I posted this to my other thread but I would like feedback on this design particularly. I apologise that it's in French, but I think a permie knows what's going on
There are classrooms to the East, housing to the West, a terraced pit garden in the center and rows of crop and good forest around that. But I know there's got to be some really good stuff I'm missing.
Oh, and there will be a pigeon house in there somewhere.
The terraces are about 50 cm tall, so I think I will add a step in between each one.
Compost: I don't really like doing compost. With all the trees everywhere I just figure I'll mulch. If I need garden soil I scoop it up from under some trees. But I'm open to being persuaded otherwise: Why must one compost? It's a question that deserves its own thread really.
What do you think?
P.S. People at the residences will, of course, compost, but I will leave the placement of said pile to their discretion.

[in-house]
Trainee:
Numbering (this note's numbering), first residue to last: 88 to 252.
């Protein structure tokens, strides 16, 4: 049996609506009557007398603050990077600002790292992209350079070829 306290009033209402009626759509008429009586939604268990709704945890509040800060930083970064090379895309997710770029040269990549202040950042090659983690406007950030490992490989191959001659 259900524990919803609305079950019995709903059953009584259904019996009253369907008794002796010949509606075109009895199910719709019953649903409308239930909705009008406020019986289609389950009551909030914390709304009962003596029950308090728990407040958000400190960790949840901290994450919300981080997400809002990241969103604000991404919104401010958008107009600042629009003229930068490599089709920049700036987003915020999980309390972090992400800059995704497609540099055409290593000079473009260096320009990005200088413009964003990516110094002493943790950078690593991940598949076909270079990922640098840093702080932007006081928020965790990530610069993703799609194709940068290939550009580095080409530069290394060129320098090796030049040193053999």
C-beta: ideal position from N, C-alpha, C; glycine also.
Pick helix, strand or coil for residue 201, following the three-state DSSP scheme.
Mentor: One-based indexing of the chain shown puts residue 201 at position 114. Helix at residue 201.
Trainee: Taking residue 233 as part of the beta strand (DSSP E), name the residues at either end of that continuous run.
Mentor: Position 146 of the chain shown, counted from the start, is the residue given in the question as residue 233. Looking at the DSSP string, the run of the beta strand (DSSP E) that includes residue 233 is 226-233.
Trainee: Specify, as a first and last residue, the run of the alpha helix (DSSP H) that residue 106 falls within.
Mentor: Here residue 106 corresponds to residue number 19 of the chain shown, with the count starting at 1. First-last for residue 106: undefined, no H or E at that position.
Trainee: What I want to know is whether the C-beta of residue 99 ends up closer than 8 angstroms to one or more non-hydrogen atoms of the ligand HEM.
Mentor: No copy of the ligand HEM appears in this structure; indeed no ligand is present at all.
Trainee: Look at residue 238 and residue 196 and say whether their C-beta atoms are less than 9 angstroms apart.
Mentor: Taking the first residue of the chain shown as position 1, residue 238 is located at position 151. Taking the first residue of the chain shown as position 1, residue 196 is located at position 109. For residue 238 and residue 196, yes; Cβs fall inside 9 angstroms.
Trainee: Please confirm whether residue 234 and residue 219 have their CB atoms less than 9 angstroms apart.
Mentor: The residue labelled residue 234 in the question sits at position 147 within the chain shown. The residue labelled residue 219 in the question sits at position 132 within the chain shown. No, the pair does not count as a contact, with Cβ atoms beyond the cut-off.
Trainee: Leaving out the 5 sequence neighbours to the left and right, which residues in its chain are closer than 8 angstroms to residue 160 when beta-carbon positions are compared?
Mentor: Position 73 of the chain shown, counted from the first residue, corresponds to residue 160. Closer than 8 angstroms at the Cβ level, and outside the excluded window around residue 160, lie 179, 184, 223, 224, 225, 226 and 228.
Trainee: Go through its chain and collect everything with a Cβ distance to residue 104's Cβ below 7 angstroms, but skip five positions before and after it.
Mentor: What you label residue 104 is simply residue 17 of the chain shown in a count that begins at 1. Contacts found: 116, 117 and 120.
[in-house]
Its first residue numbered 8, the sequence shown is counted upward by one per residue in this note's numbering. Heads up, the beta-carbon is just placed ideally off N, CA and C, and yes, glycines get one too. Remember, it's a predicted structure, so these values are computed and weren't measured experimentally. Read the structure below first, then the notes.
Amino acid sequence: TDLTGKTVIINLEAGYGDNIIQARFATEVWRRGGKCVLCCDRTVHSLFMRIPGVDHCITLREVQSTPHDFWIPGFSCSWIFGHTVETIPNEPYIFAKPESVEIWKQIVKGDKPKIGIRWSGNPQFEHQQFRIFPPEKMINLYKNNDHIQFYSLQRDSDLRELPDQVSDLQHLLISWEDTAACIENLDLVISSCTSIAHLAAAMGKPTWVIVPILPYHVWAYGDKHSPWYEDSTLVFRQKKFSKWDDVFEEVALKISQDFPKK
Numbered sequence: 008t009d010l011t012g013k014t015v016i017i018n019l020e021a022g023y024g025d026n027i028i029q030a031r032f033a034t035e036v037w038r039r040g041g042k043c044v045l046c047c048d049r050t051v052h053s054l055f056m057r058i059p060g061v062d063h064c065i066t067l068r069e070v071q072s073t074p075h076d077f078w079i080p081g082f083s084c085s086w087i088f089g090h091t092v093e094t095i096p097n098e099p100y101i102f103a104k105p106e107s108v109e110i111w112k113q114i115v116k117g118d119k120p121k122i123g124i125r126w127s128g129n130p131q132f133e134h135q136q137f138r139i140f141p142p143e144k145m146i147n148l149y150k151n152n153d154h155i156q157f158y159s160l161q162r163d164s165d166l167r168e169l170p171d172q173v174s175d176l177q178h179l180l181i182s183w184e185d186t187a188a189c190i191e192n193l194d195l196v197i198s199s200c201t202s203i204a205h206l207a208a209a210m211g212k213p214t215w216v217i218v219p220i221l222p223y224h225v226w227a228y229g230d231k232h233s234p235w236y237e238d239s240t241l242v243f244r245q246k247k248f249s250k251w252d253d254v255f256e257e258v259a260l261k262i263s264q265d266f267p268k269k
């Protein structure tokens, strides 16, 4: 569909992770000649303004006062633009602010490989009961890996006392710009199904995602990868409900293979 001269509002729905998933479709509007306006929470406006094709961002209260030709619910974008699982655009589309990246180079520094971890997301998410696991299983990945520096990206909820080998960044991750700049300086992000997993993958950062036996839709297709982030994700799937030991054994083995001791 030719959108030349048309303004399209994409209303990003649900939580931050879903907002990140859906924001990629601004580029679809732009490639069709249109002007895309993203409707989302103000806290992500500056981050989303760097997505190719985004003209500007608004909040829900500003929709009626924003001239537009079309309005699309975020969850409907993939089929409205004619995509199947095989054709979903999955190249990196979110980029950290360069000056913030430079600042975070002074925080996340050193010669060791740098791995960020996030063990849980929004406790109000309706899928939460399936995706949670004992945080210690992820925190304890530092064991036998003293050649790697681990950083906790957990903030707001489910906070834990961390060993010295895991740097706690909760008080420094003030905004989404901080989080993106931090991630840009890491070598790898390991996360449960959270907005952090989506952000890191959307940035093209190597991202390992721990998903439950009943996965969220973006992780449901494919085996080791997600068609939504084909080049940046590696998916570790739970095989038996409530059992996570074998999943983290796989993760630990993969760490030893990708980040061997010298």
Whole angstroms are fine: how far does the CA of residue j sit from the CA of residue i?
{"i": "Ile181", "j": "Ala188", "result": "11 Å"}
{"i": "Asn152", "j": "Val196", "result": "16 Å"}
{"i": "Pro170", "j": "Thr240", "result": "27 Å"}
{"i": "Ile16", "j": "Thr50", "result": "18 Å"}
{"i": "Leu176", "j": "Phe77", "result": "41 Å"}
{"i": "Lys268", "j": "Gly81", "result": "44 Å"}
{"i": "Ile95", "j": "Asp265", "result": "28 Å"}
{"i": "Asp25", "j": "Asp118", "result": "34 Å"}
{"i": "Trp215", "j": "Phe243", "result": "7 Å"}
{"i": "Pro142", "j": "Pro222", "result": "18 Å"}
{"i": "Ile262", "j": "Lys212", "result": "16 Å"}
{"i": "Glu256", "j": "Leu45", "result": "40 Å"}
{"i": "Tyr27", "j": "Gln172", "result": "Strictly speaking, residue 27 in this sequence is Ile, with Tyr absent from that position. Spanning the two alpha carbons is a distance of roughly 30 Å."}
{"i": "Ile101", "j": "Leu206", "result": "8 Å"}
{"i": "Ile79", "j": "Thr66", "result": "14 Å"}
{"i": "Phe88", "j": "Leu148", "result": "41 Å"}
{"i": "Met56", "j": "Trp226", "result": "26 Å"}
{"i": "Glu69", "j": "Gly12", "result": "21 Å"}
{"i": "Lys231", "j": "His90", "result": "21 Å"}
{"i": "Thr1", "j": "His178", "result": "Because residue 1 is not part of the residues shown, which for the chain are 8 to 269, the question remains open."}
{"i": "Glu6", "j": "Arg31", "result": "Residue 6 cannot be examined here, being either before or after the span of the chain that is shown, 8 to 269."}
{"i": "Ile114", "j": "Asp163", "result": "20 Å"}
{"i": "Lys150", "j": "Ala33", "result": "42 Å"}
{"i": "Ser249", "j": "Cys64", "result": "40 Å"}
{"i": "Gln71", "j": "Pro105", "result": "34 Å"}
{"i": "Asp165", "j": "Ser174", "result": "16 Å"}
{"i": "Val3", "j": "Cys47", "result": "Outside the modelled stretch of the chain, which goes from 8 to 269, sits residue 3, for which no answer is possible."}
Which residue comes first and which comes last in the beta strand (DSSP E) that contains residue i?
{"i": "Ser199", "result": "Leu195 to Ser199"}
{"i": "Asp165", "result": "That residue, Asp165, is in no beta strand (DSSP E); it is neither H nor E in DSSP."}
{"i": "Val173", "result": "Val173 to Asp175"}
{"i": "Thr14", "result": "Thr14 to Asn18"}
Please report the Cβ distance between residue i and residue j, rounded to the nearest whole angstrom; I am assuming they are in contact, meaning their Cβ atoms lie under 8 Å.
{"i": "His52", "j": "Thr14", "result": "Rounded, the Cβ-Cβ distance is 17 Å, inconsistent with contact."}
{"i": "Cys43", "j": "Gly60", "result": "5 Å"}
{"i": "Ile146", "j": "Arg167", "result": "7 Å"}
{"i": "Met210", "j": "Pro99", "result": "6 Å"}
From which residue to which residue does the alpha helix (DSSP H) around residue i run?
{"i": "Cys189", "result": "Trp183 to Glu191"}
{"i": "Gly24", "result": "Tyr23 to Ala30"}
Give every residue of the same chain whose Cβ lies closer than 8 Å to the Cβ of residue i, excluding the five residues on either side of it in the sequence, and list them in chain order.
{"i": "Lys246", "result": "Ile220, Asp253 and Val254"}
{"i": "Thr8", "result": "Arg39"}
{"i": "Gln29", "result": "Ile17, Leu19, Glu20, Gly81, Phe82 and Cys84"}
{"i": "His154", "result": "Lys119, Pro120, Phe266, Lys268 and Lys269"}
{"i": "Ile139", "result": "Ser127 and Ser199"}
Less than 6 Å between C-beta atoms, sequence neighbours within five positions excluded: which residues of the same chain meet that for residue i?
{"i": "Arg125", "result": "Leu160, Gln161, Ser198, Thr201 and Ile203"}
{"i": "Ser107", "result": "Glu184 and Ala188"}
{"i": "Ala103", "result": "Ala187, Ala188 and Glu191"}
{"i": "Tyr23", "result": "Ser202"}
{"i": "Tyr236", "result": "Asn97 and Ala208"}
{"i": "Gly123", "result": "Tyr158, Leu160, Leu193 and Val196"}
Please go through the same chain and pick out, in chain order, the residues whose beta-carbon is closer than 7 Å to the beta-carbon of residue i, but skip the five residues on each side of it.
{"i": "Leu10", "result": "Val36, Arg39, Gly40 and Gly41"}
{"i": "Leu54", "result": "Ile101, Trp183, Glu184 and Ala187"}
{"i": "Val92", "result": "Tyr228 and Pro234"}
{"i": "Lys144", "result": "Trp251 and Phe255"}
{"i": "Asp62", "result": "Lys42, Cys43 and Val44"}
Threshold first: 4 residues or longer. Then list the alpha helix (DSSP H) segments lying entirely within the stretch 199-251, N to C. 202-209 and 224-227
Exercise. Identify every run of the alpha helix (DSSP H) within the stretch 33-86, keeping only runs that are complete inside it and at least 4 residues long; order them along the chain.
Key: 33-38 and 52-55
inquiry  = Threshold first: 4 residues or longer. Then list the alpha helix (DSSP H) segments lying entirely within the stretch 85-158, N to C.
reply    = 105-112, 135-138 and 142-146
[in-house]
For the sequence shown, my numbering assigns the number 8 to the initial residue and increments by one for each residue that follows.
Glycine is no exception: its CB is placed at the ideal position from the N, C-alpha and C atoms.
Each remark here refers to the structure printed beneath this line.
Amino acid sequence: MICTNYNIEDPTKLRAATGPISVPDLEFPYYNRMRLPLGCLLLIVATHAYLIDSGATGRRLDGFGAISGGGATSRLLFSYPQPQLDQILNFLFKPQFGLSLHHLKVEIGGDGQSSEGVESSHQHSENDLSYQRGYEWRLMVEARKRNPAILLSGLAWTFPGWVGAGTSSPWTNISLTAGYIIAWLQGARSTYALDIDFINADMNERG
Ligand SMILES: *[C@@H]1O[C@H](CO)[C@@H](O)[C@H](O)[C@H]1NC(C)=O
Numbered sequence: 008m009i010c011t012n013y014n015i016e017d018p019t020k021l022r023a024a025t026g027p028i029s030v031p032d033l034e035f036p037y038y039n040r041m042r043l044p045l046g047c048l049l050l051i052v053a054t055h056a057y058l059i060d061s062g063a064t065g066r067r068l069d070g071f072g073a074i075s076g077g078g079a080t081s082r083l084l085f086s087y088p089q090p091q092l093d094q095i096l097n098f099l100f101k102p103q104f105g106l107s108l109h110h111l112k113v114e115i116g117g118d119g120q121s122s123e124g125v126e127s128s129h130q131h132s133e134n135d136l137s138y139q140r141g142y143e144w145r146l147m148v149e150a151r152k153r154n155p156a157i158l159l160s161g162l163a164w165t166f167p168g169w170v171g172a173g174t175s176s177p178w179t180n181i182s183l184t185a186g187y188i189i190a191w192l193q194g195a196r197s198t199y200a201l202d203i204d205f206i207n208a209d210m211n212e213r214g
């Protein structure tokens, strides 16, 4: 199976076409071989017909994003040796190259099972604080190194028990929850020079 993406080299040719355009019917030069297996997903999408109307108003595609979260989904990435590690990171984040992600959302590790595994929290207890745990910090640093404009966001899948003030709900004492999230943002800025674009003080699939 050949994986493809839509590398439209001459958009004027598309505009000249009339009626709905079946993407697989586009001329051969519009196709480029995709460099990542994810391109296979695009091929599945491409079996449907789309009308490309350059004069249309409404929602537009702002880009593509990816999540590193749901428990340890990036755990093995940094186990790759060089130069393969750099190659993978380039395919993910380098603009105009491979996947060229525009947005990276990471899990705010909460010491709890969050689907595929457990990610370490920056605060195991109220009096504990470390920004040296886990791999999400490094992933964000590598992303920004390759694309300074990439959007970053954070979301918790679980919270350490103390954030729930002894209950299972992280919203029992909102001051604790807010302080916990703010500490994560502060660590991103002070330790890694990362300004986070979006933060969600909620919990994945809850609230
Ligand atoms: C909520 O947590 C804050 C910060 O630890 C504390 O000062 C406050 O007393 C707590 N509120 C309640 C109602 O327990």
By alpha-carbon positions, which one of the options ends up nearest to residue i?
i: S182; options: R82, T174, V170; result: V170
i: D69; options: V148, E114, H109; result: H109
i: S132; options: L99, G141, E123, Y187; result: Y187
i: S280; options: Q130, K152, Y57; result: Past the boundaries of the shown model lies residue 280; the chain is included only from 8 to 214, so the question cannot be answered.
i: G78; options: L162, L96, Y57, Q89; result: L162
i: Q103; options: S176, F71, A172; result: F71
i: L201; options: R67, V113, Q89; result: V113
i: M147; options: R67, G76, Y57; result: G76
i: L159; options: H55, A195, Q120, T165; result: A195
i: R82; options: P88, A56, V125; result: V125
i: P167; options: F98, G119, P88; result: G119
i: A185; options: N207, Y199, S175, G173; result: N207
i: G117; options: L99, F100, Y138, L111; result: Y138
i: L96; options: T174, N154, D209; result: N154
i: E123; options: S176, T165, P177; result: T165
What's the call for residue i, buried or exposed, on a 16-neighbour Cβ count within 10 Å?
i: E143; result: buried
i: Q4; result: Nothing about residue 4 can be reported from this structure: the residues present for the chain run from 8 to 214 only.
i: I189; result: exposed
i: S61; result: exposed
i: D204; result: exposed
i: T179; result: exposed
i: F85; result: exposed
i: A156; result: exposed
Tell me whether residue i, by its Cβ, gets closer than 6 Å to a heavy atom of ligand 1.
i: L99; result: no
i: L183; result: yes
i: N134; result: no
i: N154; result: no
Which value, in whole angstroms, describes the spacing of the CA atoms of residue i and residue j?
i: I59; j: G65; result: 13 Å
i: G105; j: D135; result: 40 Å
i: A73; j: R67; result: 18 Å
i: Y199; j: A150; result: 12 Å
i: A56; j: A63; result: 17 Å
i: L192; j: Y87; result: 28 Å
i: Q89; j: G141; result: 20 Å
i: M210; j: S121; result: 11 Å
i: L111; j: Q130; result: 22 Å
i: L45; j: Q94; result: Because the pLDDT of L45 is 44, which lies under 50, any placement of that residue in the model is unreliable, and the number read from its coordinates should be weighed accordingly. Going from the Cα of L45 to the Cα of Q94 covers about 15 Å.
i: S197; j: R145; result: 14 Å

I agree that I also prefer mulch, but if it's hard to grow/import sufficient biomass, or your community has a problem with food/agricultural waste(I know it's not likely, need wise, but sometimes there is a cultural component), then might as well take advantage of the resource.
Also if you have scavenging/foraging animals it might be hard to compost-in-place under mulch, as it is easier to dig up/eat.
Experimenting and growing on my small acre in SW USA; Fruit & Nut trees w/ annuals, hoping to get Chickens, rabbits, and in-laws onto property soon.
Long term goal - Furniture & Luthier Stay-at-home farm dad.
We do have one huge agriculture waste product: peanut shells. There's mountains of it outside the village. My experience is that they decompose better when buried, so I'm still planning my intense forest project with a foot of buried peanut shells. Even though there's loads of it, transportation can still be labor intense.
Common Weeds And Wild Edibles Of The World (HD video)